Are You or Someone You Know Suffering from Joint Pain? part 2

Cape May Herald

Health and Wellness | 06/08/2015

H Barrett

Thomas A. Barrett, M.D.

Shore Orthopaedic University Associates
9 Stites Ave, Cape May Court House, NJ 08210

(Part 2 of 2)
Options for treating arthritic knee pain begin with a diagnosis and a conversation about what particular problems any one person is experiencing. Non-operative management can be successful and is always part of a plan of treatment.

There may come a time when conservative treatment is no longer helping and the conversation changes to other options.

Knee replacement surgery is a part of a treatment plan. The timing of when it is appropriate has a number of components.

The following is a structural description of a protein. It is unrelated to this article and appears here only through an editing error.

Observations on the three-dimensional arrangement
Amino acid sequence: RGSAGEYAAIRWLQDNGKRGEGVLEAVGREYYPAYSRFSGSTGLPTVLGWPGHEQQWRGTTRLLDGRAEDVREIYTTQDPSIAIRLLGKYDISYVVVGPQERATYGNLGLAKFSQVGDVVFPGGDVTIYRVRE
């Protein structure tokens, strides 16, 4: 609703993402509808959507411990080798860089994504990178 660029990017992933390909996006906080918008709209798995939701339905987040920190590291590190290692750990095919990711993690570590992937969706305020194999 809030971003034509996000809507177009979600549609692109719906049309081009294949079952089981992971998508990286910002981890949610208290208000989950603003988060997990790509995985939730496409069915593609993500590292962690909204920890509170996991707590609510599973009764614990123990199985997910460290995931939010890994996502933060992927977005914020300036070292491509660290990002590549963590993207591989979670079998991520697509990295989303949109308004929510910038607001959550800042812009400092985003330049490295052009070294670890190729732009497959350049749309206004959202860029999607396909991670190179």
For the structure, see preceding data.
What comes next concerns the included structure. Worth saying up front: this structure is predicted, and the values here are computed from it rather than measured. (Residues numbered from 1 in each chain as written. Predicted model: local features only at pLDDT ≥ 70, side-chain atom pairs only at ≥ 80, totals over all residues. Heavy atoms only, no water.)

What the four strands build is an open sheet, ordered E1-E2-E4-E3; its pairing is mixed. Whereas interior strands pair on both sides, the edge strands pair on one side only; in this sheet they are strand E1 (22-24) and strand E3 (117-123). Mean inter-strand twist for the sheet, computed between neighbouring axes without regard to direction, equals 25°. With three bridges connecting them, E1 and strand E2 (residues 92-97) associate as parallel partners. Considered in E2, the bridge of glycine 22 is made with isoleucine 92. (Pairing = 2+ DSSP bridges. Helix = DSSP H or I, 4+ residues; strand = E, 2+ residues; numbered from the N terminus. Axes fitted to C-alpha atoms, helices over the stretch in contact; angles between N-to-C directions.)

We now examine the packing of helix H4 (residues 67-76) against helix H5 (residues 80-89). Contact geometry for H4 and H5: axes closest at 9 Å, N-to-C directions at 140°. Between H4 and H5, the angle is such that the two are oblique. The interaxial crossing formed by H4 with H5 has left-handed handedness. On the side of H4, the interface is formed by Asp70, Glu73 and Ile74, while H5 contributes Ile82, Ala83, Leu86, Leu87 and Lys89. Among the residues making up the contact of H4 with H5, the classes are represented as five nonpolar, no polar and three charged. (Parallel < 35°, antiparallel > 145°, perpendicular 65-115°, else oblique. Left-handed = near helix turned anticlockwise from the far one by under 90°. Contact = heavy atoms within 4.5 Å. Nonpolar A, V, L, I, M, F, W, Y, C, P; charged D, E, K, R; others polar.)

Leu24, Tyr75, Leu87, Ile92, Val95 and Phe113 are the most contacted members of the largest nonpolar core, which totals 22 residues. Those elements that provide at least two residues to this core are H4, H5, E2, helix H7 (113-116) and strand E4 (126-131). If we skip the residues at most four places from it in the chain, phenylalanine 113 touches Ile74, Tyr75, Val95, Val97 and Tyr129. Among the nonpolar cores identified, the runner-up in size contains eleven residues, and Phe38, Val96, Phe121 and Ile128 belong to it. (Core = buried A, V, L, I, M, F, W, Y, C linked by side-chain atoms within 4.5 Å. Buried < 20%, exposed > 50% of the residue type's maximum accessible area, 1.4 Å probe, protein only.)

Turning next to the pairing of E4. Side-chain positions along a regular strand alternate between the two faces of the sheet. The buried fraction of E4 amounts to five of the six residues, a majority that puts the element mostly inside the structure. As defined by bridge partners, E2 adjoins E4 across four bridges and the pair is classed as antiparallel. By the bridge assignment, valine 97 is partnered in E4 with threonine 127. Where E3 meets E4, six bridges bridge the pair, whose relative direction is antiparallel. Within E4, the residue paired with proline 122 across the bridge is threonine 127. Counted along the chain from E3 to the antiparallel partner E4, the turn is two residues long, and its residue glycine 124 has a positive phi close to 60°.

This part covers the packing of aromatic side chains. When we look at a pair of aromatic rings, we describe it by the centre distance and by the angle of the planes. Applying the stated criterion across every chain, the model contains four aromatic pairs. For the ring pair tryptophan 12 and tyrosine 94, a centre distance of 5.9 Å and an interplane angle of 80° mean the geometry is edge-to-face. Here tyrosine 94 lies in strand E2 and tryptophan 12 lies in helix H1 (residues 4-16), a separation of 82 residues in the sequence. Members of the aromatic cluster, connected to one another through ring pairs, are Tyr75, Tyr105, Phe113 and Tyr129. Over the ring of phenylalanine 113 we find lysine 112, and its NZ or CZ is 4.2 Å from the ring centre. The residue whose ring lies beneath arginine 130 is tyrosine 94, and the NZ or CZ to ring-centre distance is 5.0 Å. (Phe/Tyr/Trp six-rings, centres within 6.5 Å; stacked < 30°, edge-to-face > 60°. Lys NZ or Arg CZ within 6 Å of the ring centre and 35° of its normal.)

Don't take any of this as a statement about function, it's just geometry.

1.Any person undergoing a knee replacement needs to need it. (Seems logical enough….but this includes excluding other potential causes of pain and a conservative trial)
2.Any person having an elective surgery has to be healthy enough to undergo the procedure. (This reassurance is obtained by having a primary care provider/ specialist assist in a pre-op evaluation)
3.Any person having their knee reconstructed has to actively participate in their own recovery.

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The Case for Partial Knee Replacement

By: George C. Alber, MD

The knee is composed of three separate compartments. Osteoarthritis often develops in only one compartment of the knee, while the other two compartments remain relatively healthy. Patients who have osteoarthritis in only one compartment, the inner side, may be candidates for partial knee replacement.

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